The Art of Playground Insults: Voice-Acting Advice from the Cast of Canis Canem Edit/Bully

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To be involved in the creation of the many pedestrians and passers-by in any Rockstar Games project is, I’m sure, a dream job for any aspiring character actor. I know for a fact that I’d take great pride and glee in tracking myself down on the streets of Los Santos and provoking my NCP to the point where he yells “You don’t wanna f**k with me!”

If you’re familiar with Rockstar’s masterful portfolio, which includes the Grand Theft Auto and Red Dead Redemption series, you’ll have no doubt failed to resist chuckling at most of the slurs, outbursts and insults slung at you by these highly characteristic non-characters, the iconic and vocal bystanders. As you narrowly miss mowing down pedestrians on the pavement in Grand Theft Auto IV, you’re almost certain to be hit with a “Watch it, f**knuts!” or a, “My nose job!”, whereas if you randomly attack someone you may be treated to an “I’ll beat you like my ex beat me!” or a “Help, someone, I’m in danger, I have a career!” It’s all devilishly filthy, outrageous, pompous and controversial stuff that never fails to briefly step over that line of being massively offensive, but hey, this is a series that’s notorious for including in their games the option to murder prostitutes and assassinate rival drug enterprise kingpins. Never does the game demand this of you, but the fact that the option is there is a distinctive reminder of what game you’re playing. Hell, Red Dead Redemption even reminds you of how awful you’re being with an Honour system.

Another quintessentially distinctive feature of a Rockstar Games product is the esteemed writing and vocal performances. The playful, playground-insult style dialogue wasn’t at all out of place in Rockstar’s gang warfare and mob-themed games; if anything, the comic relief neutralised the intense subjects and themes, reshaping the more depressive and existentially heavier tones in games such as Grand Theft Auto III and IV into more upbeat, self-aware and often absurdly hilarious games. However, there’s no place more fitting for these immature one-liners than in Canis Canem Edit, or Bully as it’s probably more commonly known.

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Canis Canem Edit tells the story of Jimmy Hopkins, a 15-year-old, detention-frequent troublemaker who has been expelled yet again. His now pushed-over-the-line mother sends Jimmy to Bullworth Academy for the year while she honeymoons with her new husband. Sticking to signature Rockstar underbelly-grimy style, the institution of Bullworth is, needless to say, one of the grimmest private schools around. Setting the tone for Jimmy’s journey is a subtle hint hidden in its own Latin title; “Canis Canem Edit” fittingly translates as “Dog Eats Dog”. Cue fights-for-survival from each of the boarding schools’ cliques, which consists of nerds, bullies, jocks, little kids and occasionally, even the teachers.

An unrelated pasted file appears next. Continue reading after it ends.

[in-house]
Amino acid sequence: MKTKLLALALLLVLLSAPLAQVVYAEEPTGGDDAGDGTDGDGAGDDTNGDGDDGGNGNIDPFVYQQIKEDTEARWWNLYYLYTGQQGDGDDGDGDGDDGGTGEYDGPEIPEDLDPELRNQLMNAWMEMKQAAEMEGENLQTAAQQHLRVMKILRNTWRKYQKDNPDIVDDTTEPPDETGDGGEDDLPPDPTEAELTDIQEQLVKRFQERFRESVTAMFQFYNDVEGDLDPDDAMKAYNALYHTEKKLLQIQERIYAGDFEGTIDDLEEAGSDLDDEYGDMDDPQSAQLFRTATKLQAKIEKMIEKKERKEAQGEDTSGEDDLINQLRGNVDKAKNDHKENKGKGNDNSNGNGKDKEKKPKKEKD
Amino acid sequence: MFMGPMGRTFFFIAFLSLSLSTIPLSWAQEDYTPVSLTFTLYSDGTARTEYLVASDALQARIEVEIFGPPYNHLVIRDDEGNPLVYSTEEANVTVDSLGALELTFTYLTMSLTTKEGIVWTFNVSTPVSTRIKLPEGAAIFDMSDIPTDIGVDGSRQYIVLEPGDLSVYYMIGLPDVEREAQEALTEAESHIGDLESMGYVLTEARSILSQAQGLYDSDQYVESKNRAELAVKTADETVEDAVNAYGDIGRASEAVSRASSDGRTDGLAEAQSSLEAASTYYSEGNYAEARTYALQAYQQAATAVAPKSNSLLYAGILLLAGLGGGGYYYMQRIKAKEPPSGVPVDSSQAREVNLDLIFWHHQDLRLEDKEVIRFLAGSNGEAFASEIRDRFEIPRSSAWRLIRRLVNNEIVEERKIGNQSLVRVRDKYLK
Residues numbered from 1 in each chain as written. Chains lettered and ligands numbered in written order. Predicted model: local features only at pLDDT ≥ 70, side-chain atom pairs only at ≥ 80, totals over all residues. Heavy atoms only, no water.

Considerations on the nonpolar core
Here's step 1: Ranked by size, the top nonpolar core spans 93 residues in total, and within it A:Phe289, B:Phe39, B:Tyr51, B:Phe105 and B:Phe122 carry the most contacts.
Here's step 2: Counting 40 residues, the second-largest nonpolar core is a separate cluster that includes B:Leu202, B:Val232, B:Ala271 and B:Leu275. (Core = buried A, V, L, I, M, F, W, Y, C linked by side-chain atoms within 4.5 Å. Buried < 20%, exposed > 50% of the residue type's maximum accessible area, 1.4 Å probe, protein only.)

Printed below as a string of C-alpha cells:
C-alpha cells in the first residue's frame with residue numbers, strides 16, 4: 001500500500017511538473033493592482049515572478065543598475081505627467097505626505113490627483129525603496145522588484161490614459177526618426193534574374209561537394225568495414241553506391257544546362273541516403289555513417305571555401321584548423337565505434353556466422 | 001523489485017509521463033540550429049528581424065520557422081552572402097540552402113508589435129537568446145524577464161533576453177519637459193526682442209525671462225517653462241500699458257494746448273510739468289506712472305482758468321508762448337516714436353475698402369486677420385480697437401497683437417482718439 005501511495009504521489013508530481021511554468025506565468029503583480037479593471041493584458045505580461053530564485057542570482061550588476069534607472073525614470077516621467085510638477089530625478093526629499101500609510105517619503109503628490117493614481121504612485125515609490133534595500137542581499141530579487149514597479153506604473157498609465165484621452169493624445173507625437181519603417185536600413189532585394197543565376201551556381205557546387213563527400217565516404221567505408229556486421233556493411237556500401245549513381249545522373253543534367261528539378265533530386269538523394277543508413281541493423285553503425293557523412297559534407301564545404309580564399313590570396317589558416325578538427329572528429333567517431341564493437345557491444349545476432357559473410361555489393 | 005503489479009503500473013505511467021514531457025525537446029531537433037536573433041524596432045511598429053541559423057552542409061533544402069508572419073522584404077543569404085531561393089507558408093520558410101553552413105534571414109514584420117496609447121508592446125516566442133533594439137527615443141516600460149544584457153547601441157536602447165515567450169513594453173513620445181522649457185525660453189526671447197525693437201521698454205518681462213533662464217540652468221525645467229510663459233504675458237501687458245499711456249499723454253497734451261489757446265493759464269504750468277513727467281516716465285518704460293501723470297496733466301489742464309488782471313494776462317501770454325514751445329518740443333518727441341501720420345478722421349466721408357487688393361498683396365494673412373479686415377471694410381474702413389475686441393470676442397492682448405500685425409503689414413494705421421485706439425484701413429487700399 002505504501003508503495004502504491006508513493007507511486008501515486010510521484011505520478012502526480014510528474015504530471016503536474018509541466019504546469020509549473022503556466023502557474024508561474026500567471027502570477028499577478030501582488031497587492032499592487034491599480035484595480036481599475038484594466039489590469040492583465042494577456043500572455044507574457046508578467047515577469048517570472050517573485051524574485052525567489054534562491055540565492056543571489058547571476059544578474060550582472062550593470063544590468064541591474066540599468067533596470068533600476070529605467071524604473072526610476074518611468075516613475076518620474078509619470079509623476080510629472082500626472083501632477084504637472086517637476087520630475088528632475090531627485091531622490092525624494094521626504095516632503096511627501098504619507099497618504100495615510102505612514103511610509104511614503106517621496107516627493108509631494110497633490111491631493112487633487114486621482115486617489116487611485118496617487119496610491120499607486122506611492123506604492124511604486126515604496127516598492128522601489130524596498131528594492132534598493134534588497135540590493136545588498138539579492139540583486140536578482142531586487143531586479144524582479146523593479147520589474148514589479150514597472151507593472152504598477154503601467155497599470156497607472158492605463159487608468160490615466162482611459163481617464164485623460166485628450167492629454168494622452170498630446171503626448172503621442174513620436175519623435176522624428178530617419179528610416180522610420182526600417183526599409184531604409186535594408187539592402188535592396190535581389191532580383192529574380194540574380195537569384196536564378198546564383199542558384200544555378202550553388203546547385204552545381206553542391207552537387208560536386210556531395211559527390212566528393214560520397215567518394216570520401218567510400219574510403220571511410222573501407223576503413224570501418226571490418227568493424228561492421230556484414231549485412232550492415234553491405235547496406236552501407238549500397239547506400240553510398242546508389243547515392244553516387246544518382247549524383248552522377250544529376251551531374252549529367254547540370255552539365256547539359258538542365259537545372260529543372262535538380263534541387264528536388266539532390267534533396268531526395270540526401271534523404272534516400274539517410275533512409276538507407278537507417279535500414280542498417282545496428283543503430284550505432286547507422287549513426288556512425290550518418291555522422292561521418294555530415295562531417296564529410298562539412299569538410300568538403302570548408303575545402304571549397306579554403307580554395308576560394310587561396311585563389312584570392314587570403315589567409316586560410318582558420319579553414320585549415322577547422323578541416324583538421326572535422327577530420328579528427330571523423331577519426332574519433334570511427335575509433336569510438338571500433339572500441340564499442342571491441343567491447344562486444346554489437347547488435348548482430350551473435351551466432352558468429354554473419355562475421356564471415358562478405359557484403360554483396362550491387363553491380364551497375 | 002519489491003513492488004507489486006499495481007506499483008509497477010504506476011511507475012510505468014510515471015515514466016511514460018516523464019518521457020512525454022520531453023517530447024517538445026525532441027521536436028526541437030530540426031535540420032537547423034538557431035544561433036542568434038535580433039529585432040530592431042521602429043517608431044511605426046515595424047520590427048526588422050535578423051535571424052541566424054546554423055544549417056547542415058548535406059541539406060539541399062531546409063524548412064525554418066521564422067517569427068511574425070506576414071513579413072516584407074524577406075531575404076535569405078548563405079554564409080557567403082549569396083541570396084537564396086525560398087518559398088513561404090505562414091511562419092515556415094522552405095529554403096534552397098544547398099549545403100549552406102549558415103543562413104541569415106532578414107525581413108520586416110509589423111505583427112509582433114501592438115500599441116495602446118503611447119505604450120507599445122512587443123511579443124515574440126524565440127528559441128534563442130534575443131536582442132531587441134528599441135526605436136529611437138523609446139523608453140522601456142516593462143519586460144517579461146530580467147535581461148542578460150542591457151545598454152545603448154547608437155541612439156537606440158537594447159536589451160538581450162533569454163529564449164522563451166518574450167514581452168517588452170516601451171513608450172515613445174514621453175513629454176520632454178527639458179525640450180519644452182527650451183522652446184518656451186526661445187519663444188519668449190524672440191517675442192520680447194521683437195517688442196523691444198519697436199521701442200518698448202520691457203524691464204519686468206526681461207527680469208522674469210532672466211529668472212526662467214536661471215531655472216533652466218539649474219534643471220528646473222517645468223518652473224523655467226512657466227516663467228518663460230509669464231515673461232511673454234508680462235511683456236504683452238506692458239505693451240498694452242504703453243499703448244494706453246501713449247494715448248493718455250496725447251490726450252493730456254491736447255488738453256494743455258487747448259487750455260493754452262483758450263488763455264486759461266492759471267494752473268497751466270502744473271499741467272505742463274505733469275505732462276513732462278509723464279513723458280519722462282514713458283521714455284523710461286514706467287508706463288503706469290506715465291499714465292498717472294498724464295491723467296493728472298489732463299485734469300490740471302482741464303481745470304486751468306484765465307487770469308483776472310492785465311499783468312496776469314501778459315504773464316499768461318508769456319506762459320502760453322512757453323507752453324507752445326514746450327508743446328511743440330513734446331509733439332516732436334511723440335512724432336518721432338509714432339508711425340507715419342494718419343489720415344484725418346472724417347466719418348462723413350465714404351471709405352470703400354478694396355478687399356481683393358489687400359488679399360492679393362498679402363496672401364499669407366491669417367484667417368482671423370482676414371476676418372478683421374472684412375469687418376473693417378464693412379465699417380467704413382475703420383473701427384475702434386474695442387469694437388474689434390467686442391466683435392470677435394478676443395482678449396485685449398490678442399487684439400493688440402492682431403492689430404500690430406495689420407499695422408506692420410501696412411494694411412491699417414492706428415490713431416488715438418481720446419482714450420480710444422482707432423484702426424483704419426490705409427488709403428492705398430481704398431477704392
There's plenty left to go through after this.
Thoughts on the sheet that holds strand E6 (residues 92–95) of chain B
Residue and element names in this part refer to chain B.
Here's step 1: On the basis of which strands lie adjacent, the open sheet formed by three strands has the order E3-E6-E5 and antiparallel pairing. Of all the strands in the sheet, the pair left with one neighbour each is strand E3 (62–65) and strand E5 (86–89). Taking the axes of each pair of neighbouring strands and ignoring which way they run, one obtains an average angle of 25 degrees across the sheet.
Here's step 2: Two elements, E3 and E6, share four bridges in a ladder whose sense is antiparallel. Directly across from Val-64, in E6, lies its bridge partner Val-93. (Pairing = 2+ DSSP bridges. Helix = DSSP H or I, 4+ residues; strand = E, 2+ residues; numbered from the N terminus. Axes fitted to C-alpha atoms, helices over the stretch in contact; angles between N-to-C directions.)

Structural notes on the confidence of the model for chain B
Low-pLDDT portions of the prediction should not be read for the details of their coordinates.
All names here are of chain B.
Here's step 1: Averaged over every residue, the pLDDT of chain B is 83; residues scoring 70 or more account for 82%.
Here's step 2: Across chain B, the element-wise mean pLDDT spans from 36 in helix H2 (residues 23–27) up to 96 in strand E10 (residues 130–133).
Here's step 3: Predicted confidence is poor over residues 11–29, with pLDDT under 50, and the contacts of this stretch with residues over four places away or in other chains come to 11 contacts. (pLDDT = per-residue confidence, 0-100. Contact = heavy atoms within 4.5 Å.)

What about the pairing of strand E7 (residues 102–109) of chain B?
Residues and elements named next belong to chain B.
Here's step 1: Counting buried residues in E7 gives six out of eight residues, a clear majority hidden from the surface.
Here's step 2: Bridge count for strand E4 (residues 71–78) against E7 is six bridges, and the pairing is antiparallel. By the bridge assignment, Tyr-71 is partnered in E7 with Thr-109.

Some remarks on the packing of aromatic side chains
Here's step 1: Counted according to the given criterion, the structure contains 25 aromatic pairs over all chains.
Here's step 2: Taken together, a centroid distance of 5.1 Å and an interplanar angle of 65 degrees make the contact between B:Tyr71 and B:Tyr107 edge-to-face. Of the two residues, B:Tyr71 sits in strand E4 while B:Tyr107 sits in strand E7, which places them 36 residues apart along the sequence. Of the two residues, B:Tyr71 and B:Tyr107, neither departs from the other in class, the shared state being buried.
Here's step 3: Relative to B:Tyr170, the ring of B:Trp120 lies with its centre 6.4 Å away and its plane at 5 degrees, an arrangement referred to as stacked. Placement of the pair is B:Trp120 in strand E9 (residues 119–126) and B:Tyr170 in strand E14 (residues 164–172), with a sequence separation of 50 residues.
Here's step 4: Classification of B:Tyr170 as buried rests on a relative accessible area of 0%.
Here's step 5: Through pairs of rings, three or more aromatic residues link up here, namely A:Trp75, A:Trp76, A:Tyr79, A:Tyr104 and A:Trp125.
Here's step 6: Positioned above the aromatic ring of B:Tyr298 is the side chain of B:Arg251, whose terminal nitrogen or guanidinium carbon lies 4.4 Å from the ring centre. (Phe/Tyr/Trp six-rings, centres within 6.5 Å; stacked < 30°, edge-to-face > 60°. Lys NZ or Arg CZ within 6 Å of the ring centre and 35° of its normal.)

Some of Rockstar’s finest ambient writing stems from simply lingering in dorms and corridors, overhearing scuffles and arguments, flirting and fighting, backchatting and apologising, whilst lead performances are, needless to say, wonderfully effective in articulating, immersing and enhancing the aesthetic of each environment. I reached out to several professional voice actors who worked on the seminal game, requesting that they share any advice for aspiring performers.

Adam Sietz, Voice of Zack Owens

Adam Sietz’s Rockstar credits include playing Zack Owens in Bully, an Innocentz gang member in Manhunt, a cop in Grand Theft Auto: San Andreas, Crackerjack in The Warriors, and pedestrians in Grand Theft Auto IV and Grand Theft Auto V

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“I would start off by mentioning how much the voice over business has changed since I entered it. I had a manager.  I needed a reputable agent. I had to have legitimate performance credits behind me. I needed a door opened first.

With the technology of today, anyone with a laptop and a USB microphone can enter the VO business. There are many websites. Pay the fee submit your auditions. Roll the dice. Book your percentages. Bam. You are a voice over guy/girl. 

It is different. It is harder to book work today. The lucrative nature of the business is not like it used to be. I used to walk into a room. I’d be up against approximately 40 others for the job. Today, that slot has possibly 400 others vying for the same opportunity. That said, opportunities do exist today that did not exist in the past. I also believe in the old adage “the cream always rises to the top”. By pivoting and exploring new avenues and revenue streams to utilize these talents, I’ve been fortunate to have a successful career in a business I always wanted to be in.